A groundbreaking ceremony was held Wednesday morning on the site of a former Goochland County golf course that a Richmond non-profit plans to turn into a memorial for victims of COVID-19.
“‘Gardens of Tranquility’ is a place where healing begins,” said Dr. Arlene Simmons, referring to the name for the planned memorial. “Whether it is mental, emotional, physical, spiritual or educational. We want this to be a place of peace and tranquility.
Simmons is the founder of Humanitarian Ambassadors of America Community Development Corp., a non-profit with 25 years in Richmond, and said they purchased the land earlier this year and was inspired to turn it into a COVID-19 memorial by children she worked with who told her about what they experienced during COVID-19.
“They chronicled hardships related to the loss of housing, death of loved ones, health issues, depression, hunger, and other challenges experienced because of the COVID pandemic,” Simmons told the crowd. “In the pain of their grief these young minds decided it was not only important, but necessary to remember loved ones and an honorable and permanent way.”
Simmons said the plan is to redevelop the 151-acres in four phases with a $33-million budget. The COVID-19 victims will be remembered in rock gardens and memorial walls, but Simmons said they also intend to include memorials for people who have passed from other health issues and kids lost to gun violence.
“The design will feature and will extend to programmatic opportunities geared toward positive youth development processes,” added Simmons, who said this could include things like a par 3 golf course, gardening, and hiking. “It’s a challenge if you’ve never been exposed to it but it’s happiness when you are exposed to it,” Simmons said.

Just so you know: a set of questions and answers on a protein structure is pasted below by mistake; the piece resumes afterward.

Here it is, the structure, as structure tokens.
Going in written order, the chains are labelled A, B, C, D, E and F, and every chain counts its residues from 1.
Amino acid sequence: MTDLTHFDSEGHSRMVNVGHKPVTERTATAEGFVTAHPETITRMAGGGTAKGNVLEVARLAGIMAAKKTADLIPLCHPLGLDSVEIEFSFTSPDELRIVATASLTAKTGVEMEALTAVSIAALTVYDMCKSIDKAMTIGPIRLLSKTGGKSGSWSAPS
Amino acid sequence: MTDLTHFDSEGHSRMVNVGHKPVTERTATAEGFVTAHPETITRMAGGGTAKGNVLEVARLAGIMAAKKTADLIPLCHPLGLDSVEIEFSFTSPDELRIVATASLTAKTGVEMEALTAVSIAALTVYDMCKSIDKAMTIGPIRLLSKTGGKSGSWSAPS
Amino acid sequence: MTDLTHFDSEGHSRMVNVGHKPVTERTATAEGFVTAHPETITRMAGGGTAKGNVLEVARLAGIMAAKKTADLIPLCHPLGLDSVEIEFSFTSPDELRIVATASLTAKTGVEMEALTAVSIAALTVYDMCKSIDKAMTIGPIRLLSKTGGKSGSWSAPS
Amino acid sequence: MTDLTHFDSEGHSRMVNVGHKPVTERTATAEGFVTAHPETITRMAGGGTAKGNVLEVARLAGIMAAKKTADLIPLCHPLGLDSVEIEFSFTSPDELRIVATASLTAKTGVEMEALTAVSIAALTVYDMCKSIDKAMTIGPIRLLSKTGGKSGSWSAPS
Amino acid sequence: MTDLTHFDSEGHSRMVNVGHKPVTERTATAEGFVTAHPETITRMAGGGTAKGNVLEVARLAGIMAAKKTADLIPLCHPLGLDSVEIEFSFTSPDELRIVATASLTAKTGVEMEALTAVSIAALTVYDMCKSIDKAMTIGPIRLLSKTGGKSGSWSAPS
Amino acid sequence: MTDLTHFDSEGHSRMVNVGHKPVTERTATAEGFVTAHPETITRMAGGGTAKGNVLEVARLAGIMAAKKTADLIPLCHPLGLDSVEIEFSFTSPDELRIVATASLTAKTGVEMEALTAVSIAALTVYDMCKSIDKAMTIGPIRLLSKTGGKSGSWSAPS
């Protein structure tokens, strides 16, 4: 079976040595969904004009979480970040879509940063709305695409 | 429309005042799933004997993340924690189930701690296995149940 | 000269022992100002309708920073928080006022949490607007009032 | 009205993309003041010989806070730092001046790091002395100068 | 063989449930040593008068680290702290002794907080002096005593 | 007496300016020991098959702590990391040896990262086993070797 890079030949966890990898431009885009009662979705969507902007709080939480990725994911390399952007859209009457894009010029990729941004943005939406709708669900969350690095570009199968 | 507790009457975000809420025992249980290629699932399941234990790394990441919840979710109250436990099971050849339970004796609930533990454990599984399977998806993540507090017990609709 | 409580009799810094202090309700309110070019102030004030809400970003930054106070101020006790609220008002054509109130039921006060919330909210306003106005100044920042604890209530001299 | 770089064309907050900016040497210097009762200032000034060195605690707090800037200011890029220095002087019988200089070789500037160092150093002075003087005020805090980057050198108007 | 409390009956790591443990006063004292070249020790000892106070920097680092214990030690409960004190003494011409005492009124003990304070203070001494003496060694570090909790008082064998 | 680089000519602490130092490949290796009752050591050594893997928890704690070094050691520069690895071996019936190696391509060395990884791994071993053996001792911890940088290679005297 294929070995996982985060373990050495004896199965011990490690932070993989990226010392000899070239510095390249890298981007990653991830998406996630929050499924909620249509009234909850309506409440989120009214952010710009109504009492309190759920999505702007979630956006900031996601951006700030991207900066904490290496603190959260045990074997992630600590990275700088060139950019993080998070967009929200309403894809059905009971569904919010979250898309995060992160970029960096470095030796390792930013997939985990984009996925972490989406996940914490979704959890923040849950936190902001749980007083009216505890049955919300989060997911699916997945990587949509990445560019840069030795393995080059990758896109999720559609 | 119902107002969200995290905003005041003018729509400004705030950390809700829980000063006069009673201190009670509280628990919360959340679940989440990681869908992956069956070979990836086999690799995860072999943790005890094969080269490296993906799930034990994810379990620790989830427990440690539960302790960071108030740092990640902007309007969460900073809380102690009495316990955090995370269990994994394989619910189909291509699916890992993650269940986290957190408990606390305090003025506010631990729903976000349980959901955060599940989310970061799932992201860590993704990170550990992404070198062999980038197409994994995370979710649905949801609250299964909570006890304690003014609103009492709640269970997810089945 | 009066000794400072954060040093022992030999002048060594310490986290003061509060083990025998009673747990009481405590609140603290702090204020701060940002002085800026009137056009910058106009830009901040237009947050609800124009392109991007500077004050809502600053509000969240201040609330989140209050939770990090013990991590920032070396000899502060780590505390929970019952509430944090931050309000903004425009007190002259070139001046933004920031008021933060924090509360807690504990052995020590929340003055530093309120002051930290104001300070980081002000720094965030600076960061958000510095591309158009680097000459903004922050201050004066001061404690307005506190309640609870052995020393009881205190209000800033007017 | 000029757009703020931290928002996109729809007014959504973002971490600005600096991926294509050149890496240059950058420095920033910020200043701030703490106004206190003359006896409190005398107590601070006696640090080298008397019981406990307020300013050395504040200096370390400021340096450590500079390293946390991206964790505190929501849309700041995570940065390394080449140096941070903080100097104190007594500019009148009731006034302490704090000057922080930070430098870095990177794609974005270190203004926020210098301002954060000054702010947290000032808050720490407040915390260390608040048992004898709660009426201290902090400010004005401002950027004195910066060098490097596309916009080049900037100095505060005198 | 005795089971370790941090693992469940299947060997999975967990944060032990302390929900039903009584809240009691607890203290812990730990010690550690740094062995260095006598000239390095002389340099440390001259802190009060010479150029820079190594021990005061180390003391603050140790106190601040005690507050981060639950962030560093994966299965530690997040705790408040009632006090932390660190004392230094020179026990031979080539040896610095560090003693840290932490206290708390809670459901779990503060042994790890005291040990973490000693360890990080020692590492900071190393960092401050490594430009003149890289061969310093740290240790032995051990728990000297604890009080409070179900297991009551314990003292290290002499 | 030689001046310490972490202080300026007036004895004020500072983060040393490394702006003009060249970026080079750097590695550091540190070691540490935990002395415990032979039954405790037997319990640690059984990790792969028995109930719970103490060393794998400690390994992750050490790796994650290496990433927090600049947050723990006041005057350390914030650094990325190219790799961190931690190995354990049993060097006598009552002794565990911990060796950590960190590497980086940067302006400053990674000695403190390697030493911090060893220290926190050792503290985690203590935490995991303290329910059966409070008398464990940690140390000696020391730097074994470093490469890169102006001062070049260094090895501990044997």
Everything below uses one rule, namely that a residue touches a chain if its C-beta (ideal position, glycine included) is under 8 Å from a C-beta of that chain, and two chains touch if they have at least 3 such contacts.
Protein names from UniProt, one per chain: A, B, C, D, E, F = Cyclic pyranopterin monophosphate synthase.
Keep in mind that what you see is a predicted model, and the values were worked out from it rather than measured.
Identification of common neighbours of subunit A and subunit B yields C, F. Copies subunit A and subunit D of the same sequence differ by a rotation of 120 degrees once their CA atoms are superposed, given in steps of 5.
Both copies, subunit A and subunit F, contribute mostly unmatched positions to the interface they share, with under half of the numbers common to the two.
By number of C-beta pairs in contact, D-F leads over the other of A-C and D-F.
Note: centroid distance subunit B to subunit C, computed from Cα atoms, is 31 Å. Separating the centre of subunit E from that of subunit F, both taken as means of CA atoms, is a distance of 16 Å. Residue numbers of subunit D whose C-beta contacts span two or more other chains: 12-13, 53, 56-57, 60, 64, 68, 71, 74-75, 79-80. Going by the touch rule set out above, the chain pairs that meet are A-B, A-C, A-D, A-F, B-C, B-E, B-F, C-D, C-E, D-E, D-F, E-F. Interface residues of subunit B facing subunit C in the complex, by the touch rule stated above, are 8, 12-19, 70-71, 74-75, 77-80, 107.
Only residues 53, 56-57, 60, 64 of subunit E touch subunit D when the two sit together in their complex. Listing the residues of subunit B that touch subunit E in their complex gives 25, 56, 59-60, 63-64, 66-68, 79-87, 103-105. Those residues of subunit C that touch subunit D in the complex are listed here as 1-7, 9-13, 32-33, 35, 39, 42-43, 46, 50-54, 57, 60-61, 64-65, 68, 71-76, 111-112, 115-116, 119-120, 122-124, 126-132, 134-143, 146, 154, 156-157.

However, anyone attending Wednesday’s ceremony would have had to drive past dozens of yards signs along the only road leading to the site expressing concern or skepticism about the project.
CBS 6 spoke with some of the homeowners who put up the signs and they said while the project seems to have good intentions, they raised concerns about the amount of traffic it could bring in, the ability to maintain upkeep of the property, and said that they have not been included in conversations about proposed plans.
Simmons said they did not have to have those conversations because the property is not a part of the homeowner’s association and said nothing they are planning to build would be outside of the property’s current zoning.
“It’s a rural area, everything is beautiful here. And so we don’t want anything to change, we just want to blend in,” Simmons said.
However, Simmons said when they begin designing the first phase next month, they will keep the county updated on what they do and she said the neighbors will have a seat at the table.
“We want them to welcome us and we welcome them to be here,” Simmons said.
Simmons said they hope to have at least finished renovating the clubhouse and built one memorial garden and a wall for a ribbon-cutting ceremony sometime in December.
CBS 6 also reached out to Goochland County and asked about the proposal and received a written statement.
“County staff has met with representatives from the Humanitarian Ambassadors of America Community Development Corporation who are proposing the COVID memorial garden at the former Royal Virginian golf course. Their representatives provided several potential future uses for the site, but no formal land use request has been made and nor has zoning approval been applied for or given. It is too early to say what may be required until staff is provided additional information,” wrote Community Affairs Manager Paul Drumwright. “If a zoning application is filed, community meetings and public hearings are required where citizens can voice their opinions about the request.”
“Goochland County encourages all potential applicants and new businesses and organizations to create an open dialogue and engage with the greater community as they move forward on proposed plans and developments,” he added.